Airfix 1/48 Canberra B.2/20/62/B.(I)6
|REVIEWER:||Scott Van Aken|
The English Electric Canberra is a British first-generation jet powered medium bomber. It was developed by English Electric during the mid-to-late 1940s in response to a 1944 Air Ministry requirement for a successor to the wartime de Havilland Mosquito fast bomber. Among the performance requirements for the type was the demand for an outstanding high-altitude bombing capability and high speed. These were partly accomplished by making use of newly developed jet propulsion technology. When the Canberra was introduced to service with the Royal Air Force (RAF), the type's first operator, in May 1951, it became the service's first jet-powered bomber.
Throughout most of the 1950s, the Canberra could fly at a higher altitude than any other aircraft in the world. In 1957, a Canberra established a world altitude record of 70,310 feet (21,430 m). In February 1951, another Canberra set another world record when it became the first jet aircraft to make a non-stop transatlantic flight. Due to its ability to evade the early jet interceptor aircraft and its significant performance advancement over contemporary piston-engined bombers, the Canberra became a popular aircraft on the export market, being procured for service in the air forces of many nations both inside and outside of the Commonwealth of Nations. The type was also licence-produced in Australia by the Government Aircraft Factories and in the US by Martin as the B-57 Canberra. The latter produced both the slightly modified B-57A Canberra and the significantly updated B-57B.
In addition to being a tactical nuclear strike aircraft, the Canberra proved to be highly adaptable, serving in varied roles such as tactical bombing and photographic and electronic reconnaissance. Canberras served in the Suez Crisis, Vietnam War, Falklands War, Indo-Pakistani wars and numerous African conflicts. In several wars, each of the opposing sides had Canberras in their air forces.
The Canberra had a lengthy service life, serving for more than 50 years with some operators. In June 2006, the RAF retired the last of its Canberras, 57 years after its first flight. Three of the Martin B-57 variant remain in service, performing meteorological and reentry tracking work for NASA, as well as providing electronic communication (Battlefield Airborne Communications Node or BACN) testing for deployment to Afghanistan.
When Airfix released the Canberra back in 2008, they also released the B-57, PR.9 and B(I).8 kits so that covered the type pretty well. This kit is the initial one produced and comes in a very large box that contains not only the kit but an equally large decal sheet. The cockpit is fairly well done and you are provided with crew members. There are several update cockpit sets for this kit, but to be honest, you won't see much of any cockpit work you put into as the cockpits of the time were matte black. After installing the bomb bay and finding a place for 100grams of nose weight, the fuselage halves are closed up.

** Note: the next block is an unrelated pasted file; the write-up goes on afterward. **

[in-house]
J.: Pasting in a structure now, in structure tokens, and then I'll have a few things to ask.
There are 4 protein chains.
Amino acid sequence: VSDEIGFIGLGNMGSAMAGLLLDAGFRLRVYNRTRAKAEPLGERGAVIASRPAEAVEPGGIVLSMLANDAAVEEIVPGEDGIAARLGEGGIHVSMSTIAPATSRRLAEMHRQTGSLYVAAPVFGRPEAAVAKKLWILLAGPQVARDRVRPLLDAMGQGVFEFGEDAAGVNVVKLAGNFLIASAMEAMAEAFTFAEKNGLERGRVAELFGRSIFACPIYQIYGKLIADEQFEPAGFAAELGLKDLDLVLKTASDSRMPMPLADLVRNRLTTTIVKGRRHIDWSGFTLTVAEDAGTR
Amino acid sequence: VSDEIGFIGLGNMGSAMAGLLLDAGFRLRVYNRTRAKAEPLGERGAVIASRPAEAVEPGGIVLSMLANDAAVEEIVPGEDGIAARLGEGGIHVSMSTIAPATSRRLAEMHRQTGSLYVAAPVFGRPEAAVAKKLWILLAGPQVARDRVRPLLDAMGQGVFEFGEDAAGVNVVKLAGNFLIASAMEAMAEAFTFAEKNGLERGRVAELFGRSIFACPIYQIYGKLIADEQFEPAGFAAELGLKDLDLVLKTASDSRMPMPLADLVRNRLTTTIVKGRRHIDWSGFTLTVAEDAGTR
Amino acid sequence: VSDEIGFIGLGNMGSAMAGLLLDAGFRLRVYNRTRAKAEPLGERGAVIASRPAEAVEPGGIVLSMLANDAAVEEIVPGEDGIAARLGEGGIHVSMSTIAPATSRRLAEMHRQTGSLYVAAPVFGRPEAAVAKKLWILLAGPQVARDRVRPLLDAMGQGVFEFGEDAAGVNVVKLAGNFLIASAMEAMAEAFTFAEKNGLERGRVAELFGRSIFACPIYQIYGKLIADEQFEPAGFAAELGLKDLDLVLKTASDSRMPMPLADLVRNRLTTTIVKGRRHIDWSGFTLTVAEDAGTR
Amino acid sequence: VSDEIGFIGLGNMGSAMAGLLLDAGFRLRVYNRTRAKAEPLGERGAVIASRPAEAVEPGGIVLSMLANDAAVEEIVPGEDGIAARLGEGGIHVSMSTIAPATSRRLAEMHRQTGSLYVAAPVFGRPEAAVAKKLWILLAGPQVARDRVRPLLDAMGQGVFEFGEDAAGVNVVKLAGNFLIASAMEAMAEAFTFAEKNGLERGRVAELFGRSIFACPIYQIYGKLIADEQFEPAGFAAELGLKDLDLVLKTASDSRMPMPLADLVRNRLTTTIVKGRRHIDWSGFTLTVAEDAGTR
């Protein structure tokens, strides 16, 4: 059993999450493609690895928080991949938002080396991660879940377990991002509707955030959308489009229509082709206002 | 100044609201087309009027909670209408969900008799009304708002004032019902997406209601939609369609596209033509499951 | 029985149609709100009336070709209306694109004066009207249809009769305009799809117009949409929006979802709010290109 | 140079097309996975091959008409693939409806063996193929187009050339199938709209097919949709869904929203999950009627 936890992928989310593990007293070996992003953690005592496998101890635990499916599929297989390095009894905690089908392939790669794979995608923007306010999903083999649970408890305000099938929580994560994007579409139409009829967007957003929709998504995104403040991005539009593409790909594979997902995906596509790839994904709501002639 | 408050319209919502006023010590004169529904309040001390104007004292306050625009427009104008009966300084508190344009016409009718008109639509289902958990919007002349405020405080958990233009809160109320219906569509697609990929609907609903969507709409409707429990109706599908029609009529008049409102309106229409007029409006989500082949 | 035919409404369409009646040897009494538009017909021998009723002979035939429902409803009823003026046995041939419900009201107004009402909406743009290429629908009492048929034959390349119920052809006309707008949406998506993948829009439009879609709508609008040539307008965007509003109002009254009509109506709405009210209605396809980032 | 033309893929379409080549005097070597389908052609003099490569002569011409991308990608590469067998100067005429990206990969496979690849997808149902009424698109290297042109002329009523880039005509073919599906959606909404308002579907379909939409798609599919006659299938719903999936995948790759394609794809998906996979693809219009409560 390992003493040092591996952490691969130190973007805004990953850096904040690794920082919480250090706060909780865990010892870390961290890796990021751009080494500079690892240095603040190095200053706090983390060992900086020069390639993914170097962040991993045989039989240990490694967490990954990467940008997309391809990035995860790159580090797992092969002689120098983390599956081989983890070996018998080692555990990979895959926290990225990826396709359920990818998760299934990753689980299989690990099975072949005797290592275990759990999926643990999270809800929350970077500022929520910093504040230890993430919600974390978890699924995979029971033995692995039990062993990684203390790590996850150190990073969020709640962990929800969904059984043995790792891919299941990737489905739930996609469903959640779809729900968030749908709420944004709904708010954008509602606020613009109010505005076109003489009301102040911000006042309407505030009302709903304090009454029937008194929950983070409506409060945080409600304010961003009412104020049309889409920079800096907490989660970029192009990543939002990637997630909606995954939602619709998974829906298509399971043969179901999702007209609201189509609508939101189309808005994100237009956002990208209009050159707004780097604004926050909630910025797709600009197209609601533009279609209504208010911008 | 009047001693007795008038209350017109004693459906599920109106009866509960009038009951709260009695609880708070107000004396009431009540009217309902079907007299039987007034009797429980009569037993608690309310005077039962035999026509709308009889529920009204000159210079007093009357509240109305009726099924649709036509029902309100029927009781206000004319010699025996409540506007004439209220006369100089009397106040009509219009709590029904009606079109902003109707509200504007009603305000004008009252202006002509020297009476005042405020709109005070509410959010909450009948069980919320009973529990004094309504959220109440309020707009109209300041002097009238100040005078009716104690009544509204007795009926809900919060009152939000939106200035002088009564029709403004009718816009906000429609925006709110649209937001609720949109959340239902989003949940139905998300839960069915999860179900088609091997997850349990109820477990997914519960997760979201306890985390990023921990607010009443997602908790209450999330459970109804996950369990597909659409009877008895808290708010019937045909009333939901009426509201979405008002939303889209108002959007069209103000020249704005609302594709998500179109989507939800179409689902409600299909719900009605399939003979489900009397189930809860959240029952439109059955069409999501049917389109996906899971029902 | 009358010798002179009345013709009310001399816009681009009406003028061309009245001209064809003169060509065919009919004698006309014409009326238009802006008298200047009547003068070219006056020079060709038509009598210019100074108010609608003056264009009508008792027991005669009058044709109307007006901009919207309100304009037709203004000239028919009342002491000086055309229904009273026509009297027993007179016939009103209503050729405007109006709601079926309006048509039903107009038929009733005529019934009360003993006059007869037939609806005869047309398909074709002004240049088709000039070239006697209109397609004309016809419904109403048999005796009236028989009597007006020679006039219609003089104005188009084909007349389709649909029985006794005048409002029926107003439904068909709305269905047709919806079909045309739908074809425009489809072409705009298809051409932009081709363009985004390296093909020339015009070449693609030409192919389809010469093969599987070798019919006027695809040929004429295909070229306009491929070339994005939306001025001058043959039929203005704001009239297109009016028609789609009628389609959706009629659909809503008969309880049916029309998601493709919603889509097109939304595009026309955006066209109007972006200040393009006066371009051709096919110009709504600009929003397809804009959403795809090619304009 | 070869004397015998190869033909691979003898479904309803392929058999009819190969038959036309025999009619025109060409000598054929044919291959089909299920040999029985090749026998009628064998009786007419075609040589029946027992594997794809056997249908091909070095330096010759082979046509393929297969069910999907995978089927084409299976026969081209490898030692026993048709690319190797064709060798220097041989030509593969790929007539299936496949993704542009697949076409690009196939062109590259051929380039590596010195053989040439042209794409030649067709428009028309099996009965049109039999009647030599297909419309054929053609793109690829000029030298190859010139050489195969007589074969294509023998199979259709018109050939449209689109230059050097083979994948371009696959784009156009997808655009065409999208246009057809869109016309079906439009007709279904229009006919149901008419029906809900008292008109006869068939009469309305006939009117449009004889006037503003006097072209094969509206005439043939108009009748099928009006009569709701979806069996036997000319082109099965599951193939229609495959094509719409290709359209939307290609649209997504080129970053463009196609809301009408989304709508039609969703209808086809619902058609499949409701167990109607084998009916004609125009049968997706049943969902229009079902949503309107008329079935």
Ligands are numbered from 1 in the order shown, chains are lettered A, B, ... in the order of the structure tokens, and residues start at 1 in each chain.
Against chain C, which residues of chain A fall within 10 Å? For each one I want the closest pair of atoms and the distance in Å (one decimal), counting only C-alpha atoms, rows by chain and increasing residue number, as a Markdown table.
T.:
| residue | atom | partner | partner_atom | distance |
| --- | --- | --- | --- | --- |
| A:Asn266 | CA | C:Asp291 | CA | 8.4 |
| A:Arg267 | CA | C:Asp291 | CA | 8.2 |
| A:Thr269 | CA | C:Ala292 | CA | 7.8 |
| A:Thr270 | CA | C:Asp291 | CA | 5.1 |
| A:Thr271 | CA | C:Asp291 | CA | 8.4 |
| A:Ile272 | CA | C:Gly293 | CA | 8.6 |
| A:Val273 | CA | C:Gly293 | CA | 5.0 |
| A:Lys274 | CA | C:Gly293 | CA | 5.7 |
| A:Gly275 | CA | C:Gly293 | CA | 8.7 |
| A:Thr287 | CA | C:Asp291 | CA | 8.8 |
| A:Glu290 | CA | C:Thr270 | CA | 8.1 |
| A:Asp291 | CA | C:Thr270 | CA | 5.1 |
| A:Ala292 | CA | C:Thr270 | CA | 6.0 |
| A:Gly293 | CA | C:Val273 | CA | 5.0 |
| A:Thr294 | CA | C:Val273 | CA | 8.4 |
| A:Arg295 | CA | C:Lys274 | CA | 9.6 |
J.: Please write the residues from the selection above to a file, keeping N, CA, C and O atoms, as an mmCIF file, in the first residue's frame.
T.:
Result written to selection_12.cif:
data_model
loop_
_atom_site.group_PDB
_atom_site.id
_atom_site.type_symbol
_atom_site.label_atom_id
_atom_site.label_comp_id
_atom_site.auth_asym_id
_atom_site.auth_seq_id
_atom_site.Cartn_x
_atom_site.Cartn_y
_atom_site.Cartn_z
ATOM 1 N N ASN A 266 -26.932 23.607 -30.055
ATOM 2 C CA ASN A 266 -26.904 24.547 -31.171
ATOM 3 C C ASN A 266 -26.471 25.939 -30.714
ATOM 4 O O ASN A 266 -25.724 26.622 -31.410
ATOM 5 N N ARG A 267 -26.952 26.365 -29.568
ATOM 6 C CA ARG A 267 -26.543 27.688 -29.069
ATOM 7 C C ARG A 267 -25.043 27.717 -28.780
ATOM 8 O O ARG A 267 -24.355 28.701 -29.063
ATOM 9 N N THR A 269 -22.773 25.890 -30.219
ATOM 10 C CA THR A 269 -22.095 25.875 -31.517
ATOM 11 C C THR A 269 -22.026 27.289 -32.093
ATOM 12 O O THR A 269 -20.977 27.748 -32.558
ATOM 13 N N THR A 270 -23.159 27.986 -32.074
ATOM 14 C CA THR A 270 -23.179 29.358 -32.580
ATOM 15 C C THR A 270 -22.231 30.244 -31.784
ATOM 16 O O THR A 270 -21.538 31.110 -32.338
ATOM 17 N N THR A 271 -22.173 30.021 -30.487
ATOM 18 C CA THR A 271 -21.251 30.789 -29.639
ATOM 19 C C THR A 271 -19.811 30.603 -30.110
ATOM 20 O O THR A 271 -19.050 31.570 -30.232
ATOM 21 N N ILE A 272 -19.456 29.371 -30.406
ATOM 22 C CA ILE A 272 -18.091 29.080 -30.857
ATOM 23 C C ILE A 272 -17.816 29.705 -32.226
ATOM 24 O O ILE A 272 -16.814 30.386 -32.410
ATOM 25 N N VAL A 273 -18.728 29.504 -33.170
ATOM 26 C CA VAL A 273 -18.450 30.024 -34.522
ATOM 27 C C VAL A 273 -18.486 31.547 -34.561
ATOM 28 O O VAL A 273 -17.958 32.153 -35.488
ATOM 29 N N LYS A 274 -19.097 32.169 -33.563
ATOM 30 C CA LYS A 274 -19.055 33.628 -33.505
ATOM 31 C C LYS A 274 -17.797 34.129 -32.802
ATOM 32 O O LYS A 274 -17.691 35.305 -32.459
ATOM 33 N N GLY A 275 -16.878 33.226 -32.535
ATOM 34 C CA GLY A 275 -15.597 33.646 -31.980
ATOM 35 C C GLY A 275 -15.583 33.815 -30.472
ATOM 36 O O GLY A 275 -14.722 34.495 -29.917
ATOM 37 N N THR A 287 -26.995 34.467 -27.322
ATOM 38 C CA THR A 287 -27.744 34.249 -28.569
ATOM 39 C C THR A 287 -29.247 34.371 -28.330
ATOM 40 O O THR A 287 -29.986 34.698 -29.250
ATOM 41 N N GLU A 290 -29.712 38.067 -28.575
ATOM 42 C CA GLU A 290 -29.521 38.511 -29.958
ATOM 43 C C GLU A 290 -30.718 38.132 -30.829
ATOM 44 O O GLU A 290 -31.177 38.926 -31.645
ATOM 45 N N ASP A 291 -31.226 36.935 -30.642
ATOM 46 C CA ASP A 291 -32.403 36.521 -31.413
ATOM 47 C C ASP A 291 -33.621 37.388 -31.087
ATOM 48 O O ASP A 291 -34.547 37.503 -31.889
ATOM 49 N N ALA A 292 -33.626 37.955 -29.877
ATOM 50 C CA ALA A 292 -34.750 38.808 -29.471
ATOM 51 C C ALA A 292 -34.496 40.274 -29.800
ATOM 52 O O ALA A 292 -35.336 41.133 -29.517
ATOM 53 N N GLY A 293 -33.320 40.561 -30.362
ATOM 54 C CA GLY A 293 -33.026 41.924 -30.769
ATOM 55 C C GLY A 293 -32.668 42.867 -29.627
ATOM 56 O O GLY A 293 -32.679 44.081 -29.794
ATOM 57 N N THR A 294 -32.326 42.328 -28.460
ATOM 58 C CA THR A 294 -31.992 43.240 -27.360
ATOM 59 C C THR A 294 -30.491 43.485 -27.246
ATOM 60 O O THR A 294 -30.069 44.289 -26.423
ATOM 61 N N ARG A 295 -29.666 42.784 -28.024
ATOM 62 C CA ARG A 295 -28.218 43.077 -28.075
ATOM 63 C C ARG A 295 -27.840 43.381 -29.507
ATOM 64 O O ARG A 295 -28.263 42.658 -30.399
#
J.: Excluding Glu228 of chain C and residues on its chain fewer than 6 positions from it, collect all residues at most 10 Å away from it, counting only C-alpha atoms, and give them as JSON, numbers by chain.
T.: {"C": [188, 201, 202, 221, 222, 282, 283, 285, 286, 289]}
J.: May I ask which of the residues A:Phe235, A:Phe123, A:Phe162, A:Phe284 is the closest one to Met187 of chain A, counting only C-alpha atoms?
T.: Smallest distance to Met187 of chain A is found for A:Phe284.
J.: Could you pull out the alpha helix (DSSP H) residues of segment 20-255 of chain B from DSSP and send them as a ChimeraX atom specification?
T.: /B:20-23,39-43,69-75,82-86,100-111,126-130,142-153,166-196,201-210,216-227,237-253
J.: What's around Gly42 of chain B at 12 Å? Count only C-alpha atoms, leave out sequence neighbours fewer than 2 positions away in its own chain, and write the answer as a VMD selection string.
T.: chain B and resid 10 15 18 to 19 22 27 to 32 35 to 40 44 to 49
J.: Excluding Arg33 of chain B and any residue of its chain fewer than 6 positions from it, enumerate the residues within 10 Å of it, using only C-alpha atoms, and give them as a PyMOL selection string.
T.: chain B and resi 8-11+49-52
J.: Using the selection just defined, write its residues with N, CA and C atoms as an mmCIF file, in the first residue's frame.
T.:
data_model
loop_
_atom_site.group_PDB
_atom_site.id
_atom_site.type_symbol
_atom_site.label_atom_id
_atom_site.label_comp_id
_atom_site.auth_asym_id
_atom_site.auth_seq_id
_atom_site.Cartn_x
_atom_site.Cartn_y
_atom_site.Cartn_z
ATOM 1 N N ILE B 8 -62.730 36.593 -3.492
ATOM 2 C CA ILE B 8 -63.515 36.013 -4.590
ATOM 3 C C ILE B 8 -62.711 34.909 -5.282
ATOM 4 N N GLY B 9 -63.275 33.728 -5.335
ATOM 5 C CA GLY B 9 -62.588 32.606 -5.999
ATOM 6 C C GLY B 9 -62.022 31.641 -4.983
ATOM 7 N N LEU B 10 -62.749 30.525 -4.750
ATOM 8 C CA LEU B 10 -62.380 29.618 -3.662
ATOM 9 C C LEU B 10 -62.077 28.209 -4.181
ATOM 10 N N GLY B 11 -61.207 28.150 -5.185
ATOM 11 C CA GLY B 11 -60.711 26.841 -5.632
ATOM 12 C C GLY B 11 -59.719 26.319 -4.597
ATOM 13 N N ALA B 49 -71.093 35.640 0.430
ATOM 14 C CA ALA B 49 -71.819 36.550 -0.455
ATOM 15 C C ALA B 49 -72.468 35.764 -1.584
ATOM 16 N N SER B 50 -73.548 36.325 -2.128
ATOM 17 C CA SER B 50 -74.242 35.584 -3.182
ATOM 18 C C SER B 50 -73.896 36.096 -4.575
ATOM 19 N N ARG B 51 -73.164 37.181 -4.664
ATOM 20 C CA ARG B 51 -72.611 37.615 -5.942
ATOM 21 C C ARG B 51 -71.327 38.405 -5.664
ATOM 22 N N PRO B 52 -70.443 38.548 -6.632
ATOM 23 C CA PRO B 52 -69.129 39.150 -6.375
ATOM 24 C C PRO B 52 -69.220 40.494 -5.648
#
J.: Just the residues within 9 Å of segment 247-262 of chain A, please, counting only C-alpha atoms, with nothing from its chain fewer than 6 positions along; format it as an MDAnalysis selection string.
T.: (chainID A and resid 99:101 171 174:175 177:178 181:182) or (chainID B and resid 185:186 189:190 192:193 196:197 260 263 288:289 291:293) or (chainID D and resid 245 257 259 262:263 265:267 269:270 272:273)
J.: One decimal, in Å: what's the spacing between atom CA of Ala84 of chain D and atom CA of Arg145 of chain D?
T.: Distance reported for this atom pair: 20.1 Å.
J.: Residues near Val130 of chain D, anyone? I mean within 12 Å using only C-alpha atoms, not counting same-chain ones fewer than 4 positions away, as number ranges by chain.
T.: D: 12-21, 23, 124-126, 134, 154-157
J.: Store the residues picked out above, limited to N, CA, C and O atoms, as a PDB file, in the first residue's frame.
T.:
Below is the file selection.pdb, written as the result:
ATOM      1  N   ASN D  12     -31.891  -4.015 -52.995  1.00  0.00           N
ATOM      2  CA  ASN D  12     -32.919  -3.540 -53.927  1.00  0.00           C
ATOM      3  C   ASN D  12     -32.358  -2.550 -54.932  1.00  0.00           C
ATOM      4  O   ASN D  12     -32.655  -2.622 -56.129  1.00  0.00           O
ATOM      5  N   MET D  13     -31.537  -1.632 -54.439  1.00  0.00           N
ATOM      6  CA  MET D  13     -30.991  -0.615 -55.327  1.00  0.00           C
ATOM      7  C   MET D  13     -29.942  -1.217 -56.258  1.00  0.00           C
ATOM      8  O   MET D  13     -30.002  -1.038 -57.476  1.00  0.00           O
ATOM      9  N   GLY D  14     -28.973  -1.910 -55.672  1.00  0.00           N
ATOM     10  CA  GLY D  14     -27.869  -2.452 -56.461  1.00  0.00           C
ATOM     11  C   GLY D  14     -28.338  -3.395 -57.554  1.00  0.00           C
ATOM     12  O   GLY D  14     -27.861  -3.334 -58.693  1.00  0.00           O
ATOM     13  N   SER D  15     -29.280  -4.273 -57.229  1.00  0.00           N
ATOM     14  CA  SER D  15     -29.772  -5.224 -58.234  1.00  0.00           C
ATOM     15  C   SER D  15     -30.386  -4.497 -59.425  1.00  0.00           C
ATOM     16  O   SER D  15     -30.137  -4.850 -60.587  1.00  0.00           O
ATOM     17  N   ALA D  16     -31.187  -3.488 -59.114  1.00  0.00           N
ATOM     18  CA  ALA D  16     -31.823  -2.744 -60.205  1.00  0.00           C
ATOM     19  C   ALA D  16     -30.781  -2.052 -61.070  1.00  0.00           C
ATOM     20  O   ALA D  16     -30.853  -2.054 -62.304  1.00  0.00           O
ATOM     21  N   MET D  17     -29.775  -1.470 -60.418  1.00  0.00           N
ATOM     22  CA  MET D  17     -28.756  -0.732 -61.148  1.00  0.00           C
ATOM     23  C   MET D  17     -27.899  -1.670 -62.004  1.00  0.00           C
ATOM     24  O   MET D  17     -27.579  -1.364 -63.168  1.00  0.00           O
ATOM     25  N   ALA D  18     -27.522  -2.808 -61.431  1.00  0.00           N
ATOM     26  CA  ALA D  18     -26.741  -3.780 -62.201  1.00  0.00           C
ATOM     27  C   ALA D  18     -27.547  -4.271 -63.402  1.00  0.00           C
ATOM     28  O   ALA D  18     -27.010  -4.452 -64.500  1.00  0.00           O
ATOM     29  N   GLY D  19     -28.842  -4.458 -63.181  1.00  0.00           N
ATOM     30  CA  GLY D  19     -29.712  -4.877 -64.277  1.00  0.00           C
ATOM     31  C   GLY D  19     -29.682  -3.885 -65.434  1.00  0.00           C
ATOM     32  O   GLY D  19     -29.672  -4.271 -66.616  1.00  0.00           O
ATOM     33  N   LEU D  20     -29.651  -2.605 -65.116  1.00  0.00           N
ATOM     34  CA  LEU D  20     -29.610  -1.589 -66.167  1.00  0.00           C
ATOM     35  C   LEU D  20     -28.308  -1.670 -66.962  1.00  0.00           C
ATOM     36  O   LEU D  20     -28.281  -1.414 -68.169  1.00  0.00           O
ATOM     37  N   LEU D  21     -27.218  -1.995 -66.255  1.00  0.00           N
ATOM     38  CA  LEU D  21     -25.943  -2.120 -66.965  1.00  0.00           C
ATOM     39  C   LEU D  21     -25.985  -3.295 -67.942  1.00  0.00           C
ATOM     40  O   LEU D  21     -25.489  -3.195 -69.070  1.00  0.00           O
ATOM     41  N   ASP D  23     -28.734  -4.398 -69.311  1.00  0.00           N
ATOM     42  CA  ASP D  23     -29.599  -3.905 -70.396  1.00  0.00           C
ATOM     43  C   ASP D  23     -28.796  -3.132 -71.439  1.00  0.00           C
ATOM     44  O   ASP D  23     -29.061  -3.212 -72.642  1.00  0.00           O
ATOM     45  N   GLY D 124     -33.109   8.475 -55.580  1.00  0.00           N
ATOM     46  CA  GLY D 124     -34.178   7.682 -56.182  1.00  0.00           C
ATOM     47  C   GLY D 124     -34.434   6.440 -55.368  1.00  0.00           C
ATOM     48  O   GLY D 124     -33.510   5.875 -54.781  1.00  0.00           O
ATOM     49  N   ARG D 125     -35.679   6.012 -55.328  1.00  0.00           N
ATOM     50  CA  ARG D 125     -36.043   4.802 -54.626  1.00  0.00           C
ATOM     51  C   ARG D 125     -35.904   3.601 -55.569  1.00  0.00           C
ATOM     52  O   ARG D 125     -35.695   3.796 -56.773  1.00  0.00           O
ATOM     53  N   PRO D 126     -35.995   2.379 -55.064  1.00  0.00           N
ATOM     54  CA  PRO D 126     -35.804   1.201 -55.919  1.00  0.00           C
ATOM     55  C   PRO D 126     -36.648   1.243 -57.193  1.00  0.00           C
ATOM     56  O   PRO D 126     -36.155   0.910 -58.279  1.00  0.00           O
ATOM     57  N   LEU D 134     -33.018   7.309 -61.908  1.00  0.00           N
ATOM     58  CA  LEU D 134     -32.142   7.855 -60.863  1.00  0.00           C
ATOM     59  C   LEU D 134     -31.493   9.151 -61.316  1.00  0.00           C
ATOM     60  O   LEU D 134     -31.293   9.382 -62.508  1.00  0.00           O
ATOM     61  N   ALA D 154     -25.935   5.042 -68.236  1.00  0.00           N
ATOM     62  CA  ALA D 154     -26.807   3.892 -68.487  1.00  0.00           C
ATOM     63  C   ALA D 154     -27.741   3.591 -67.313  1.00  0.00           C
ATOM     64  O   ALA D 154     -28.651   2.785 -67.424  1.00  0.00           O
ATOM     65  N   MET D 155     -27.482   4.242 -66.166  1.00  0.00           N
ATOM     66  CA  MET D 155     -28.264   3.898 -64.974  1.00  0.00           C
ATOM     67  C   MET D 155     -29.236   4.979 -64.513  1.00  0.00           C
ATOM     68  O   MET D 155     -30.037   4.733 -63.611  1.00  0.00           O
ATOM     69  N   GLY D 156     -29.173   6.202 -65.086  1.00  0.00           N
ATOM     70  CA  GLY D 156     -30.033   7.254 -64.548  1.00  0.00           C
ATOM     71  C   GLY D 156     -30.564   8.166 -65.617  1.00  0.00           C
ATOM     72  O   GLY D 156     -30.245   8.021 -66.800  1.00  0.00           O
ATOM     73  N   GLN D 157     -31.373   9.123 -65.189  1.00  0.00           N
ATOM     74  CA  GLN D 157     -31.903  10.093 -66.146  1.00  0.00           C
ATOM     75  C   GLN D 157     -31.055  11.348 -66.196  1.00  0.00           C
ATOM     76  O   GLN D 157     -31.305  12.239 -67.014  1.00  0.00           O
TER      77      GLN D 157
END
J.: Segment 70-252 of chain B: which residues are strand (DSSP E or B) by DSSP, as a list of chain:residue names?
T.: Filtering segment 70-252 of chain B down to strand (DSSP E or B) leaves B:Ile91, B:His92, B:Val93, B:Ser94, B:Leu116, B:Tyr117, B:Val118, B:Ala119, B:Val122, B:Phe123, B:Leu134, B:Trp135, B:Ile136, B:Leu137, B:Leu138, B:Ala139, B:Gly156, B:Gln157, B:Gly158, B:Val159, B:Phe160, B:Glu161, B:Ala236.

Next are the wings and you open pylon slots if your version has underwing pylons. Ailerons are separate and must be assembled. Later you can pose the flaps lowered as an option. Typical of 'in wing' aircraft, there are separate intake and exhaust assemblies. You are also provided separate rudder and elevators. Landing gear are well done and it is not surprising that there is no 'in flight' option provided. What option is provided is open or closed bomb bay doors and a bombardier's door that you can have open if you wish.
There are several weapons options. One is for iron bombs to fit in the bomb bay. There are also bombs for the outer wing pylons along with rocket pods and what look like Martel anti-ship missiles. These are all dependent on what version you are building. For the interdictor version, a belly gun pack is provided.
Instructions are typical of Airfix of the time and provide only Humbrol paint numbers during construction. This changes for the camouflage sheet which is in full color. There are markings for four aircraft, most in grey/green over light grey. The initial option is the exception being the box art plane from 10 Squadron RAF. The B.20 is 2 Squadron RAAF while the B.62 is an Argentine aircraft. The B(I).6 is from 213 Squadron RAF. The huge decal sheet is nicely printed and should provide no issues.
When done, the model will occupy much space on your shelf. Despite its size, it appears that it will be a straight-forward build with no issues. Be sure to stock up on paint as this one will take a lot of it. This kit has recently been reissued, but only has markings for two RAF units.
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